Next week is a doctor-heavy week (Medication review on the 3rd, then appointment with Dr L on the 5th) but before that I have my motorcyle CBT on Saturday, then the New Zealand v England test in Headingley on Sunday, and hopefully a night at Best Friend’s house some time around then too. So all is coming up roses at the moment.

Oh, and on the 13th I’m going up to the homelands to look at bikes with an old friend. Now, let me explain this friend; We met when I was working underage in a nightclub when I was 17 (He was 21, but I still IDed him, ironically), and us and our collection of dubious metallers and goths drank heavily every week together from then until I went to university. Upon my going to university, we met up every couple of months (with the key date being New Year, wherein we would all pile back to his best friend’s ground-floor flat overlooking the quayside and sleep in a pile in the living room, leaving one-by-one through the front window after sunrise then walking back across the river to go home) and then once a year, and then eventually (when I moved to japan) not at all. Our last communique had been not long after the earthquake – He’d been intending to visit me in Tokyo, but Japan running a skeleton service made it less immediately practical. So that was the last we heard of each other.

A couple of weeks ago, I got a text out of the blue asking if I wanted a night out in the homeland. It had been sent on Saturday night, and I picked it up on Sunday morning, so I just laughed it off and replied with “Yeah, if I’d had more notice.” A couple of texts passed back and forth until he asked “Hang on – Which [Old Nickname] is this?” My response was “The [Old Nick] who lives in Leeds and you’ve not seen in half a dozen years.” Seconds after the I put down the phone, it rang, and i was greeted with a delighted “HOLY SHIT I thought I’d lost your number years ago – How’ve you been!”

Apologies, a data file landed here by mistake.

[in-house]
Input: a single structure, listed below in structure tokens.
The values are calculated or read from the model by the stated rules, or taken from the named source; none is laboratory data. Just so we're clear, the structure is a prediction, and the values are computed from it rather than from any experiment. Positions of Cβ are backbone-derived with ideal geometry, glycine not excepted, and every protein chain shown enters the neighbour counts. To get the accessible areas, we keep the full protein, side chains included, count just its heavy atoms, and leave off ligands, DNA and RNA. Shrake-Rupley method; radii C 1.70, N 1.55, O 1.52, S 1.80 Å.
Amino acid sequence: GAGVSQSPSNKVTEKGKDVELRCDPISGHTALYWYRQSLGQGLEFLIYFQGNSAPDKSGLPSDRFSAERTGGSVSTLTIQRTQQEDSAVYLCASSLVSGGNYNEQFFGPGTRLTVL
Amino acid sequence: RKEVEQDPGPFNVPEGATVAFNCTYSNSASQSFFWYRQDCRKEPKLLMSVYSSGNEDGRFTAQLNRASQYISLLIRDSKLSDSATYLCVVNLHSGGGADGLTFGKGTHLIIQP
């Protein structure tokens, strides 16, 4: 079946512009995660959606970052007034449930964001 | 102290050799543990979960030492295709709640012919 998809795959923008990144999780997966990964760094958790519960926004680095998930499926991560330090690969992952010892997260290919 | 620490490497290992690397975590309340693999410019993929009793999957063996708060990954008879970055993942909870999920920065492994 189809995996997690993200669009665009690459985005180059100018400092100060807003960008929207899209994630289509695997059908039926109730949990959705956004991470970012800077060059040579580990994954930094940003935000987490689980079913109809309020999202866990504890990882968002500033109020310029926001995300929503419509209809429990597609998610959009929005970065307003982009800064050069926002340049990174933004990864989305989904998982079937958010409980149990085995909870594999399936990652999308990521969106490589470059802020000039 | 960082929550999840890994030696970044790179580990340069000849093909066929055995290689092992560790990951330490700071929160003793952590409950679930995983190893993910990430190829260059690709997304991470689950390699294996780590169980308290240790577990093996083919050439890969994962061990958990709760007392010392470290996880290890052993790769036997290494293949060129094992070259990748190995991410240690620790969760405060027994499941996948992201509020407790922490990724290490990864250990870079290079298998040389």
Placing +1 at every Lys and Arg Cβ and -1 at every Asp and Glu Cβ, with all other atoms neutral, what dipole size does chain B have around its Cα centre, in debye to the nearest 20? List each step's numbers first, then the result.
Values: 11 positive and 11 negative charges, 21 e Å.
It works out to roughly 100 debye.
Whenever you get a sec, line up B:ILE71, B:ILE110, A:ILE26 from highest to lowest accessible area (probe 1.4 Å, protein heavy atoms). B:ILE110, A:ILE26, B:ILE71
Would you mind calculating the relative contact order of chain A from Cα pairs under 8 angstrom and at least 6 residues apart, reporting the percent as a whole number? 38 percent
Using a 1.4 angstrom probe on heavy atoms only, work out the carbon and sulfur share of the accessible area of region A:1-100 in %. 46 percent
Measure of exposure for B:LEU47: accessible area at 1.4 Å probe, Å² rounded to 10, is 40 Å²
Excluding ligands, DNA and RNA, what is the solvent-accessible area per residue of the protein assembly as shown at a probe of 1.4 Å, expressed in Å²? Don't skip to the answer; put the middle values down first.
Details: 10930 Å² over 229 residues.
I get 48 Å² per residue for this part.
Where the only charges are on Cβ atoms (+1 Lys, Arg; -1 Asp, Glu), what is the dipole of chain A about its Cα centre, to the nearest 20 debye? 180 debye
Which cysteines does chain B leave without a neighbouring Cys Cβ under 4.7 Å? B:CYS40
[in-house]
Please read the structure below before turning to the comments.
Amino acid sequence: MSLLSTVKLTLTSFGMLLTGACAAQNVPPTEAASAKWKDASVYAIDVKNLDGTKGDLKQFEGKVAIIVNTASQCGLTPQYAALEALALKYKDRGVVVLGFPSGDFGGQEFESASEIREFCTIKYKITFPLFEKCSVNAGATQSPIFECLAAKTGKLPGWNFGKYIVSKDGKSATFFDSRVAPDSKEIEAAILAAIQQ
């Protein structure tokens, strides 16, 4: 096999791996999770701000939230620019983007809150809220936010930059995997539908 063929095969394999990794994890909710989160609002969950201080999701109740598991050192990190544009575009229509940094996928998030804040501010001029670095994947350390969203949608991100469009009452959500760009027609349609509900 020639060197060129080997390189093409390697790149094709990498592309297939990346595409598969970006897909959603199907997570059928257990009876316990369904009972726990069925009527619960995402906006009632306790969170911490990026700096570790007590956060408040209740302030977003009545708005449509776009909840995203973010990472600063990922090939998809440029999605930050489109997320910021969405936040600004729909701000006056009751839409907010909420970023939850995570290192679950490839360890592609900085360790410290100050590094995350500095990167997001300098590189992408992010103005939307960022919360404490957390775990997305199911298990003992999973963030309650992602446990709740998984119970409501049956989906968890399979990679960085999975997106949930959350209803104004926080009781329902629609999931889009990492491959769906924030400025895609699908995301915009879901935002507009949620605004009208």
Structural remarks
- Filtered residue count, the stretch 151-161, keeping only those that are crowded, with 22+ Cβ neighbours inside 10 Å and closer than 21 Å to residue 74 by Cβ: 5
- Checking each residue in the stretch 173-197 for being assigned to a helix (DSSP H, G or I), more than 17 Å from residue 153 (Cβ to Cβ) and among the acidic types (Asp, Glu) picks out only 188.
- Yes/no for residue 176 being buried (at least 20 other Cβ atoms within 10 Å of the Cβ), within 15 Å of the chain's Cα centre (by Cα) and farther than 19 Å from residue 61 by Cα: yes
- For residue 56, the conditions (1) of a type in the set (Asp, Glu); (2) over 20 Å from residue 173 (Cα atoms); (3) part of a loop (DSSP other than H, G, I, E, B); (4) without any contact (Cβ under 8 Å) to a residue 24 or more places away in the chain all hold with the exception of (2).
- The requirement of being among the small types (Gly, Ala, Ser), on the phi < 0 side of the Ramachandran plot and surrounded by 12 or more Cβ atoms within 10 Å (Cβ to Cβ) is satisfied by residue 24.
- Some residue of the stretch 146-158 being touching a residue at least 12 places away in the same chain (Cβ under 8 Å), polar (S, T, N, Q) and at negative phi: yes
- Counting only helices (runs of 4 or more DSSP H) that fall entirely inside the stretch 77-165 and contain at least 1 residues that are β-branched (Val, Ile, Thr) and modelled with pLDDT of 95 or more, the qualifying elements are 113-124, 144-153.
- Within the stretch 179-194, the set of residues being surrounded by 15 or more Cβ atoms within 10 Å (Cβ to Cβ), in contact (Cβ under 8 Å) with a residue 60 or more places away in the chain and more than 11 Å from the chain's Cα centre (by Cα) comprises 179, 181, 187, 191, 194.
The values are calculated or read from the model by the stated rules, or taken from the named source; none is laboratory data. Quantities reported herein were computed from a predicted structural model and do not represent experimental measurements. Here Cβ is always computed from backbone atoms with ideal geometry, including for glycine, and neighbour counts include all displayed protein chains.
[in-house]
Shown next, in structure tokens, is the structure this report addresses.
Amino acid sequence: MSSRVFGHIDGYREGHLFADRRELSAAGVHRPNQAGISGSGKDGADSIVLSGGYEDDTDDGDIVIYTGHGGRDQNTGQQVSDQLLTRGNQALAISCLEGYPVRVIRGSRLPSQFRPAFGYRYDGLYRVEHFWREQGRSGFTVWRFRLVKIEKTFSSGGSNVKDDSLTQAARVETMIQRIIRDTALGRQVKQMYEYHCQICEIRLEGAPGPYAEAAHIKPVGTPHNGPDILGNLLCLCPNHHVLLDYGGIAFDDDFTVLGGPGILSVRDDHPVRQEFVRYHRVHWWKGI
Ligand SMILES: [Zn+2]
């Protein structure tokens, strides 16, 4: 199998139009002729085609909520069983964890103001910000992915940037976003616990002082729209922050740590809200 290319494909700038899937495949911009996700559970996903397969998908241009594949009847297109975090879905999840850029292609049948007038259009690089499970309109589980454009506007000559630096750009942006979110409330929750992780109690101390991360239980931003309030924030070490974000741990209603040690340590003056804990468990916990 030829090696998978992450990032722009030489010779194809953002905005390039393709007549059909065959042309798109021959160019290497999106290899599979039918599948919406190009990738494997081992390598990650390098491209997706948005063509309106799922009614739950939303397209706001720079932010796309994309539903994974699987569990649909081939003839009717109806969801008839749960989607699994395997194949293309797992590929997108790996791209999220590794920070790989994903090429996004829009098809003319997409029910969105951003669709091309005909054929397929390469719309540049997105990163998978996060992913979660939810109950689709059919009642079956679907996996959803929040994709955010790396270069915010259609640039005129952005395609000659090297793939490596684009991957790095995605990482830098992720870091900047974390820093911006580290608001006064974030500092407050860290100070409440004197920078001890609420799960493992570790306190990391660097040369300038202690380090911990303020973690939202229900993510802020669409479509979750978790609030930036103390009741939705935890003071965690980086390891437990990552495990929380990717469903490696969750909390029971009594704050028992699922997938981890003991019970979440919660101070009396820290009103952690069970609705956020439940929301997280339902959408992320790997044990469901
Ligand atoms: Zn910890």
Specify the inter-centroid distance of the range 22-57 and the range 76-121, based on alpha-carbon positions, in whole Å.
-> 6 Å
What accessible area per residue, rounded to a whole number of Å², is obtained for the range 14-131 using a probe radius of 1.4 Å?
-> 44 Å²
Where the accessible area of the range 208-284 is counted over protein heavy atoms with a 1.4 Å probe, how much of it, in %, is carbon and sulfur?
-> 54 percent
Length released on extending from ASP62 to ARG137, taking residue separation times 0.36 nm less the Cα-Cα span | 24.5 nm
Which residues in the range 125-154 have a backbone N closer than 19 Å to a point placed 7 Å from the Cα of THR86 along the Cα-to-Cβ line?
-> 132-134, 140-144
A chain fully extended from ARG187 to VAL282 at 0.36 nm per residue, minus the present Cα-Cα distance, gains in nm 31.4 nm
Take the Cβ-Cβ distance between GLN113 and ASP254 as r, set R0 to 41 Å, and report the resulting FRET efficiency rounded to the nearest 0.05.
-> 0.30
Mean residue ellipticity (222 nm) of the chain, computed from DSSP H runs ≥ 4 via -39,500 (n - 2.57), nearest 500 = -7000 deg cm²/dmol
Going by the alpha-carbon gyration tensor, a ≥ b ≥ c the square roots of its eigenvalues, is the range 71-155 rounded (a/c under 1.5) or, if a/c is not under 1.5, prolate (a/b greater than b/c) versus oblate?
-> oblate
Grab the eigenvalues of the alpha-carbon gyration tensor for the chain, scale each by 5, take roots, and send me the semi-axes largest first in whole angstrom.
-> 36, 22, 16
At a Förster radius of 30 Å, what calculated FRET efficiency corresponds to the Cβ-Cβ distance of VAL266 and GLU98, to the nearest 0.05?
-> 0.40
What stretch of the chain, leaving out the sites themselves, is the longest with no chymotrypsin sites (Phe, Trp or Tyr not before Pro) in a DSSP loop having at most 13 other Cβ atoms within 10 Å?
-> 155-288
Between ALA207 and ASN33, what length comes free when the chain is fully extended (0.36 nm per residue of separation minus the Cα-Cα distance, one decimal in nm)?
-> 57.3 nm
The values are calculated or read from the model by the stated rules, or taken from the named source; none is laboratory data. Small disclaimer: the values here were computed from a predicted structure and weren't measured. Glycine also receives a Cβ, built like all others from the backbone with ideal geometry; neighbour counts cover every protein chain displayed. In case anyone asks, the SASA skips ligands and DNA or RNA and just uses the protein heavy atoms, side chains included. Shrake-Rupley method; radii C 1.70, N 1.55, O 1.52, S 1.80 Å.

We caught up, reminisced, and lo, we’re going for a night out on the lash in a few weeks. Despite all of our old haunts being long-gone, there’s the rumour of a new metal night starting up and one of our old pubs reopening. And then on Sunday, probably exhausted and carrying him through a hangover, we’re going bike shopping.

Predictably, probably, I’ve glossed over the EDS. I suspect he will assume that a life of hard work, hard drinking, hard knocks and hard luck has just caught up with me. But that’s a bridge to cross when I get to it.

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Horses

Well, my MRI results are in. Phone appointment with Dr R, who is increasingly used to my not physically going to the surgery (The surgery claims not to do phone appointments, but given that it’s that or a home visit they do them when needed) and seemed quite hopeful that it’s not too bad.

The butcher’s bill was three herniated dics in my L3, L4 and L5, nerve compression in the L5, and bit of arthritis. No surprise that it’s causing pain, but not bad enough to warrant surgery yet. As such, I’m being booked in for physio at the medical practice – Long waiting list, but it means not having to schlep over to CA every time, and no chance of running into the physio I dislike.

This does neatly and immediately explain why sitting upright or standing still is excruciating, and why being in water is the only real relief.

Unrelatedly, and in an unusual move, my left knee is dislocated. My patella is basicaly on the wrong side of the joint, and won’t go back. This isn’t normal, even for me.

Getting out the tape measures

A post of two halves, really.

First, I have just got back from a swim in which I clocked in a <6m 400m and a ~15m kilometre. Ended up sharing a lane with a bloke who just outclassed me, like a xebec outclasses a sloop, and trying to keep pace. I failed, obviously (He had youth, strength, and a complete lack of ehlers-danlos on his side) but I felt so much better for at least not completely embarrassing myself out there.

The second part is that today was my spinal MRI at CA.